Indian Navy is to acquire 24 x MH-60R Seahawk helicopters from the US, six of which will be delivered within 2021
Media reports of May 1, 2021, confirm that the Advanced Light Helicopter (ALH) Dhruv Mk-III-MR of Hindustan Aeronautics Limited (HAL) has successfully demonstrated its “deck-operations” capabilities like landing on deck, folding of blades, storing the helicopter inside the onboard hangar and hot refueling with engines running on the deck. The ship-borne trials off the Chennai coast in collaboration with the Indian Coast Guard concluded recently. Some of the missions that were successfully executed included surveillance, search and rescue, antipollution to address oil spillage and the like, Dhruv MK-III-MR is equipped with advanced surveillance radar that can detect and identify ships and boats up to a range of 120 nautical miles. It can closely monitor even the smallest of the vessels at distances as far as 30 nautical miles.
Addressing the inaugural session of Chiefs of the Air Staff Conclave at Aero India 2021, Defence Minister Rajnath Singh said on February 3, 2021, "Geopolitically India is a reliable partner in the Indian Ocean Region (IOR) and can take on the role of being the net security provider in the region.” The Conclave had physical representation from 26 countries, while 14 were in attendance virtually. The strategic importance of IOR is ever increasing to the world order in general and Indian sub-continent in particular. Alfred Thayer Mahan had famously said in 1897, “Whoever controls the Indian Ocean, will dominate Asia. This ocean will be the key to the seven seas in the 21st Century. The destiny of the world will be decided on its waters.”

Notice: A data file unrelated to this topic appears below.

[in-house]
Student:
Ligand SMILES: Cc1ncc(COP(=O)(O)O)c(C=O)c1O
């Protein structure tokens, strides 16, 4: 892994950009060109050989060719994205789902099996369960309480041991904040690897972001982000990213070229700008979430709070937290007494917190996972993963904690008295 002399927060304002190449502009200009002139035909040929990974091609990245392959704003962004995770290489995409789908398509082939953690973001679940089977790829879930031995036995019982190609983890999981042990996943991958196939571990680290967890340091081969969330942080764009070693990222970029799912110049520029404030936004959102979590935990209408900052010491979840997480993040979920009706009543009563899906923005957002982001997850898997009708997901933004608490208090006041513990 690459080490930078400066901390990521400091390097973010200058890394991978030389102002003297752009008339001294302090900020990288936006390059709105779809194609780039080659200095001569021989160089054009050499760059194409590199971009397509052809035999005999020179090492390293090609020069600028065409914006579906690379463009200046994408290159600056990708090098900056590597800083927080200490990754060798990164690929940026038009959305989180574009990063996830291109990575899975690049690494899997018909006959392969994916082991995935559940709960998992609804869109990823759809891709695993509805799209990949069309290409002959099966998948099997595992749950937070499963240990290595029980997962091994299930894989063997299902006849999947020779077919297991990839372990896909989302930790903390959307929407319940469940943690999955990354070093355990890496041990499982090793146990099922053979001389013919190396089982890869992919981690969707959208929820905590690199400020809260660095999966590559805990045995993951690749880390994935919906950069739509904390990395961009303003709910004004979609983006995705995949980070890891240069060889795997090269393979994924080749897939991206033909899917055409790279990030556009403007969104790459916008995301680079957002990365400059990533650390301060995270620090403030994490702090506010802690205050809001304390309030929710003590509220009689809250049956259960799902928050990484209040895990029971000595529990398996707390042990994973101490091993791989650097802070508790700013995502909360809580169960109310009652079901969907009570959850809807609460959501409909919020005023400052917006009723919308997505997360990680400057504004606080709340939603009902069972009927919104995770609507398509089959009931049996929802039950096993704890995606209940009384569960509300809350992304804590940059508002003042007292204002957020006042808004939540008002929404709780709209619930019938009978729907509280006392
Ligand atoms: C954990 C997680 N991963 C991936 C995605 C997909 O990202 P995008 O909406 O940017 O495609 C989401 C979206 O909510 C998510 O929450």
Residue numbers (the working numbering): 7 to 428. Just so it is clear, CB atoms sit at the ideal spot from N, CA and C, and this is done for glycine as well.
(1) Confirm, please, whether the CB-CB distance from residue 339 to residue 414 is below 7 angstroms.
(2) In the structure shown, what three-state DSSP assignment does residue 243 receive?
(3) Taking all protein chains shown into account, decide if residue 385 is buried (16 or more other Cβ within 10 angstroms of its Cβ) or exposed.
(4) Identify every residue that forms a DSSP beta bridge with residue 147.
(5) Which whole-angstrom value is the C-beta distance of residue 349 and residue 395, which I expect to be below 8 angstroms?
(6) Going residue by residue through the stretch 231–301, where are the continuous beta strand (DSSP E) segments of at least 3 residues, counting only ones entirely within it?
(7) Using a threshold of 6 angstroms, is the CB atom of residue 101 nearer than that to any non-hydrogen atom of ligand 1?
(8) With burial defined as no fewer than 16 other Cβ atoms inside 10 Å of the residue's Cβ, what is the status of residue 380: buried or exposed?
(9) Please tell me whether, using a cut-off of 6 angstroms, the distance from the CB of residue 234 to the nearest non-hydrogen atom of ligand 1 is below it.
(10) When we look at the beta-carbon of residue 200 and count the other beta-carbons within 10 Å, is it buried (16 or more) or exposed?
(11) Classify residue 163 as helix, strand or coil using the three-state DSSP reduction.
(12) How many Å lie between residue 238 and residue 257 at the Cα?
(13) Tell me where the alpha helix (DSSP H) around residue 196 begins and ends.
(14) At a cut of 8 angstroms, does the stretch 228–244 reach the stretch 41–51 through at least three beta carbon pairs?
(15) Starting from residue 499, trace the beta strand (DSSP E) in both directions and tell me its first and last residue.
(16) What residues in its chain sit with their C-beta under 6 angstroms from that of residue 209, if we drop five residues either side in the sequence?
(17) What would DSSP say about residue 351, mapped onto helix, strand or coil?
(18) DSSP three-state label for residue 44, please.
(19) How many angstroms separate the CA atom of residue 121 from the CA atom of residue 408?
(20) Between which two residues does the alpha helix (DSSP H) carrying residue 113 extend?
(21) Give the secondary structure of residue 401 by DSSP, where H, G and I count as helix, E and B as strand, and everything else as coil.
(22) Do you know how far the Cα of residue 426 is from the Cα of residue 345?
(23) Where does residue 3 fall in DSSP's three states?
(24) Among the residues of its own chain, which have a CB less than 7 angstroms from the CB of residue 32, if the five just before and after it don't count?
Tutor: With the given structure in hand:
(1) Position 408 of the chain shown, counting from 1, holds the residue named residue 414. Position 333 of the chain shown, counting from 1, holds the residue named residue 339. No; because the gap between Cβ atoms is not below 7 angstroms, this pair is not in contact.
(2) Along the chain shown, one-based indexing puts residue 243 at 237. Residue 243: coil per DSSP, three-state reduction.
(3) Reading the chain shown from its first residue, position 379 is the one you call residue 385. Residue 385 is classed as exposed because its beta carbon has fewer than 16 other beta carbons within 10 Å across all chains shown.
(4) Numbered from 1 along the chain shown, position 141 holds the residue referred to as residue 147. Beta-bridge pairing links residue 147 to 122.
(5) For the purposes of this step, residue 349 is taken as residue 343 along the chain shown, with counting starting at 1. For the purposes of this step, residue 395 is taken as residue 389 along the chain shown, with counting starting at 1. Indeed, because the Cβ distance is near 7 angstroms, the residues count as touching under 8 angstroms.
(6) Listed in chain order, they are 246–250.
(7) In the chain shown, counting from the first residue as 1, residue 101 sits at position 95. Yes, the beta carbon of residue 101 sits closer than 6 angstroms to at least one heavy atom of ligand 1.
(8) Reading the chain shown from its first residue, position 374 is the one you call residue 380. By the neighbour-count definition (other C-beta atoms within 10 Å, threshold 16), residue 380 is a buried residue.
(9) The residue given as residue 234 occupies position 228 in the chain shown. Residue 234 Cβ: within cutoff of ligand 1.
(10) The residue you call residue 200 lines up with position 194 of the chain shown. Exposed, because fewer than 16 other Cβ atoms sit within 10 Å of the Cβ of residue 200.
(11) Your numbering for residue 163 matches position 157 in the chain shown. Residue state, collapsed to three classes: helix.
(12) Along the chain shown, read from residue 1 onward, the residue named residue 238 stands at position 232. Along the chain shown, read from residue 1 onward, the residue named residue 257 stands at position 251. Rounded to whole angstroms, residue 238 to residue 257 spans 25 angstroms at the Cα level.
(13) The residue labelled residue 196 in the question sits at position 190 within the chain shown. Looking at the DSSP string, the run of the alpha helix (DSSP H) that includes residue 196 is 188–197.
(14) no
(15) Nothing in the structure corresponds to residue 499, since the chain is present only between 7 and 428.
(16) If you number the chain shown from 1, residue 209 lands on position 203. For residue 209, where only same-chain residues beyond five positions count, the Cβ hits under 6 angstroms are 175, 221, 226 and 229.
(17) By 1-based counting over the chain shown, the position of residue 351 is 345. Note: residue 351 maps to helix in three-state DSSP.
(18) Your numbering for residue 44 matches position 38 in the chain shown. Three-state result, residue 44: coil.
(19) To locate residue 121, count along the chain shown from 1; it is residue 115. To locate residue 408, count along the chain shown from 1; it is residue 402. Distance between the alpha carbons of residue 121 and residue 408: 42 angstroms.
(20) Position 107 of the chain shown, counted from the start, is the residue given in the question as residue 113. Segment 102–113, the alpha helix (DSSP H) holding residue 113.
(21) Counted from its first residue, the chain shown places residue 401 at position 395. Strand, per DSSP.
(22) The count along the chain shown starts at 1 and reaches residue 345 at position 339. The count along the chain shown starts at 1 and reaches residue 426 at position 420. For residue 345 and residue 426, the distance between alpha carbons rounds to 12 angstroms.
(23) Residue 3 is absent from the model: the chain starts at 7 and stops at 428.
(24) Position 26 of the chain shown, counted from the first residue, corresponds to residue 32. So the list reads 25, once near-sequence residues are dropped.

Advanced Light Helicopter (ALH) Dhruv Mk-III-MR of Hindustan Aeronautics Limited (HAL) has successfully demonstrated its “deck-operations” capabilities like landing on deck, folding of blades, storing the helicopter inside the onboard hangar and hot refueling with engines running on the deck
India’s central position in IOR lends it immense advantages and its role as a net security provider is more than acknowledged. At the same time, India faces mounting challenges at sea from China and Pakistan not to talk of America’s Joe Biden administration’s ‘America First’ policy which relegates the IOR over the challenges in the South and East China Seas. A secure IOR is the key to ensuring security of India’s national interests. It is, therefore, essential for India to assume the role of a net security provider in the region. The requirement for India is to define its role within its IOR strategy and keep providing more teeth to the Indian Navy in keeping with the expanding threats. Finally, it is not providing more punch to the Navy only but optimising our island territories for naval operations and converting the Andaman and Nicobar Islands into a springboard for offensive actions whenever the need arises.